Ever since co-director Yui Tanimura was quoted using the word ‘accessible’ in relation to this new entry in the dark fantasy Souls series, the teams at developer FromSoftware and publisher Namco Bandai seem to have taken great pride in proving that Dark Souls II will be every bit as pad-shatteringly difficult as Demon’s Souls and Dark Souls.
“It was a mistranslation,” says producer Takeshi Miyazoe. “It’s about streamlining, cutting off a lot of fat. That is what we were trying to say, but we used the word ‘accessible’ in a casual manner, I think.”
The idea is not to make the game any easier, he says, but to make it less frustrating, especially for series newcomers. That doesn’t mean simplifying the combat systems, making boss battles easier, or offering less choice in how you level your character, though, as a recent invite-only network test involving 30,000 players in the new location of Huntsman’s Copse proved. No, FromSoftware has more subtle methods in mind.
“Dark Souls isn’t really a game that’s going to hold anybody’s hand,” says Miyazoe. “But it’s not impossible. Just take your time, try to pay attention to the surroundings, be patient and continue to challenge yourself. From a technical standpoint, what we’re trying to do is ensure that you understand what mistake you have made. I think the new engine, the new motion [capture], the new visuals – everything that has been enhanced will help the player better understand that.”
One way in which FromSoftware intends to achieve a fair balance for new players is through an enhanced Covenant system, which should also facilitate deeper roleplaying. In Dark Souls, joining a Covenant brought certain items and benefits, but this time around the groups will have new powers that inform playstyles. Similar to the Darkwraith Covenant in Dark Souls, the Brotherhood Of Blood allows its members to invade others’ games more easily. But since players in a Hollow state are no longer protected from invasions, other Covenants will play a more defensive role. When invaded, followers of The Way Of Blue will automatically summon phantom assistance from the Blue Sentinel group, for instance. Heirs To The Sun, meanwhile, functions a bit like Warrior Of Sunlight, collecting together a band of co-op-minded players who will be summoned by priority for PvE encounters as well as invasions.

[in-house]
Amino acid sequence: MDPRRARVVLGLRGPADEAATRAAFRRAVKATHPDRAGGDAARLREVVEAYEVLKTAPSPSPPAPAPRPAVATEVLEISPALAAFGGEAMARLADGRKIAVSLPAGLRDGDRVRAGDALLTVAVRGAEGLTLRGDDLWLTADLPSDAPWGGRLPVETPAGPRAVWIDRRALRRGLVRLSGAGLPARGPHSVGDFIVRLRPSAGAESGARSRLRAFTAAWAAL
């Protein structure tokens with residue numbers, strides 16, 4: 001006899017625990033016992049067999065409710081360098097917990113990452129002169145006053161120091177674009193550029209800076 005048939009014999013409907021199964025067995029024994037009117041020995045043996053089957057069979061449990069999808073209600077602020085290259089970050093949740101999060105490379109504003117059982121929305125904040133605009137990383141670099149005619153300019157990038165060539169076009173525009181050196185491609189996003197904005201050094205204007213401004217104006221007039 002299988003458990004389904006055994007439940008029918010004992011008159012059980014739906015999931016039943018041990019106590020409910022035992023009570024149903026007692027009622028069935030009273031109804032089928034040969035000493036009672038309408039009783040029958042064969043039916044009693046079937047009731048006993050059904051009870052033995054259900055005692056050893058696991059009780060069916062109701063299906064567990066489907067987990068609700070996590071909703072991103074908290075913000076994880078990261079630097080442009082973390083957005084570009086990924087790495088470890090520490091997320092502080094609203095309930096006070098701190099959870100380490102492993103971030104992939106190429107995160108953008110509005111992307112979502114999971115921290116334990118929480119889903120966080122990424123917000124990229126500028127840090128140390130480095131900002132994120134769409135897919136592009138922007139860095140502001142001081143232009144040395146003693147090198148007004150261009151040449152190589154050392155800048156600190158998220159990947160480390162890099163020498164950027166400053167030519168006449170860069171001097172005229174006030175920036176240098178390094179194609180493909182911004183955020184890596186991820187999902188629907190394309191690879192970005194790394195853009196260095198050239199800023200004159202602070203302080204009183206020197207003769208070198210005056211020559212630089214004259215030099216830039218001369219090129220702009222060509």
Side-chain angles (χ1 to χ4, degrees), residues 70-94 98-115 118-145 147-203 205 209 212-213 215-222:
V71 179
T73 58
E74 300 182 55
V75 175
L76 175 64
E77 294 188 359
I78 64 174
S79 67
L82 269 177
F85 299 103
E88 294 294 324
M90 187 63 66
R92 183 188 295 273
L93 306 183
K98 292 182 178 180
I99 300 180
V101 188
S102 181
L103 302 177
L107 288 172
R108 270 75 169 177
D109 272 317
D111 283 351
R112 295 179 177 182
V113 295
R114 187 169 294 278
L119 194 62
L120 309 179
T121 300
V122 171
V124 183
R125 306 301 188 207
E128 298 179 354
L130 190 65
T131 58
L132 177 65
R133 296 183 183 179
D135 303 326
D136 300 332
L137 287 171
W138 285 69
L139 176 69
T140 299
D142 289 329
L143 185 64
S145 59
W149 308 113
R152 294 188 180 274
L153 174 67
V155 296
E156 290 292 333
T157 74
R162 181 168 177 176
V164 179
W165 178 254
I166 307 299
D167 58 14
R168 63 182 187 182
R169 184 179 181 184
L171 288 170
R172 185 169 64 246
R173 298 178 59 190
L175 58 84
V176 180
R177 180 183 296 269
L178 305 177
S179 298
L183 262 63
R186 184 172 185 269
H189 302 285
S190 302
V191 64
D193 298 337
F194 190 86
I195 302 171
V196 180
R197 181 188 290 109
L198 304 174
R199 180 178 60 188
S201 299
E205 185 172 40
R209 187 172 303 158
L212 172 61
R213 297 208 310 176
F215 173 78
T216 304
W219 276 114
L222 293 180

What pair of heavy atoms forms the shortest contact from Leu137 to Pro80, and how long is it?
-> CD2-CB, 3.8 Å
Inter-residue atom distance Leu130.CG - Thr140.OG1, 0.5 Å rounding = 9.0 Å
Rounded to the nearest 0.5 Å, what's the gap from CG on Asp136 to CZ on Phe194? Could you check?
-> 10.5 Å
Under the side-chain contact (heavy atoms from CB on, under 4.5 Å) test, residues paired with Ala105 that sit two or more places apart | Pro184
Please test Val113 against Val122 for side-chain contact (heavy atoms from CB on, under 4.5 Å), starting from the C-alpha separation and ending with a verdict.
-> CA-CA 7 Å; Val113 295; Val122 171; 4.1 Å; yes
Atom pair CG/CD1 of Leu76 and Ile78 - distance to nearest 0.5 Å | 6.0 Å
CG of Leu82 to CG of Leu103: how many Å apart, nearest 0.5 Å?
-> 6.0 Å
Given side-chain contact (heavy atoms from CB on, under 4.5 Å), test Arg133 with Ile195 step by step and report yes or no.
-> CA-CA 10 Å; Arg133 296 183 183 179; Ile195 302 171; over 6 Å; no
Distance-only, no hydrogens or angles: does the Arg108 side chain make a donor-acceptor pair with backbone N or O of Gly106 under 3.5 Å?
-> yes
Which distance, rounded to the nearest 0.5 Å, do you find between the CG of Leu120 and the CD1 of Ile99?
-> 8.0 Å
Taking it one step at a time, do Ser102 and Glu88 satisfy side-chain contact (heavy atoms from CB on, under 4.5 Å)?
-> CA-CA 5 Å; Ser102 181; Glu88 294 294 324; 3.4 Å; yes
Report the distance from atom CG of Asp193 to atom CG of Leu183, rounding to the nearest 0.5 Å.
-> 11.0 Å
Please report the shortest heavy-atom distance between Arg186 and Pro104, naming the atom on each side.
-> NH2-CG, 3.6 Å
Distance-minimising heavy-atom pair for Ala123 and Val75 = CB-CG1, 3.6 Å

Brotherhood Of Blood and Blue Sentinel apostles can even fight PvP battles within their own Covenants, though details of this system are being kept secret. Gaining superior status among Covenant brethren will result in an aura around the character, though; in the case of Brotherhood Of Blood, this is achieved by a kill streak of invaded hosts or of Blue Sentinels. And those in a fifth Covenant, Bell Keeper, will automatically invade any who wander haplessly into an area of the game where twin bells are located.
Miyazoe hints at one more Covenant that will act as a police force to hunt down serial invaders, adding an element of risk for those who would seek to prey on weaker players. Think of it as a wanted system with a bounty on the heads of griefers.
All of which may not soothe the concerns of Dark Souls players who prefer to stay Hollow and avoid PvP encounters altogether, particularly now that your max HP will diminish with each death until you restore your human form with a Human Effigy. Miyazoe is unapologetic. “This is going to sound a little bit rude, but being invaded is part of the game,” he says. “It’s like an enemy in the game that just happens to be controlled by another player. The Covenants system is a good way to be helped; that’s how we want to structure some of the roleplaying as well. So if you’re an invader, if you’re a bad guy, there always has to be a policeman who tries to get rid of the bad guys, and that element will be blended into the Covenants as well.”
Miyazoe – or Tak, as he chooses to introduce himself – grew up in Canada and came to his parents’ home country of Japan a decade ago. He speaks with an easy confidence that betrays his western upbringing. We meet him in the huge reception area at Namco Bandai, which has become a winter wonderland. It’s decorated with a fake snow scene replete with life-size snowmen, Christmas trees and Pac-Man wearing a Santa hat. With not a pool of blood in sight, the stage is most definitely not set for our demo of Dark Souls II, beginning with an exclusive viewing of the opening movie.
What we see is darkly atmospheric and very much a step up in production values from its predecessor. A witchy old lady holds the camera’s gaze with milky cataract eyes and a lonely leafless tree is swarmed by delicately rendered fireflies. It’s an intro laden with unsettling effects (a woman’s face melts clean off, ghostly skeleton spirits take flight) and an eerie sense of place. A beautifully pitched voiceover tells us of the fate of the cursed while an armoured knight approaches a land of ruins by boat.
The sequence’s production values are an indication of the general improvements the game will bring. With its development team roughly doubled, FromSoftware is making the biggest game in the studio’s history. It’s also easily the most hungrily anticipated, with some 2.5 million fans to please. Working with a budget that is bigger than before but still nowhere near that of a western triple-A release, the studio is nonetheless aiming to create blockbuster entertainment that looks and plays the part. In order to meet that vision, production has been spilt in two, with battle mechanics and gameplay directed by Tanimura, and Tomohiro Shibuya in charge of world and design. But the pair are apparently being overseen “closely” by series creator Hidetaka Miyazaki – in contrast to the picture we were given last year.
Character animations are now motion captured, giving a more natural fluidity, while an increase in lighting sources made possible by a new bespoke engine means illumination plays a bigger role in the game. The player and some enemies carry fiery torches with custom mobile lighting effects, and this in turn has given the team a merry excuse to create caves and other interior areas that are plunged wholly into darkness.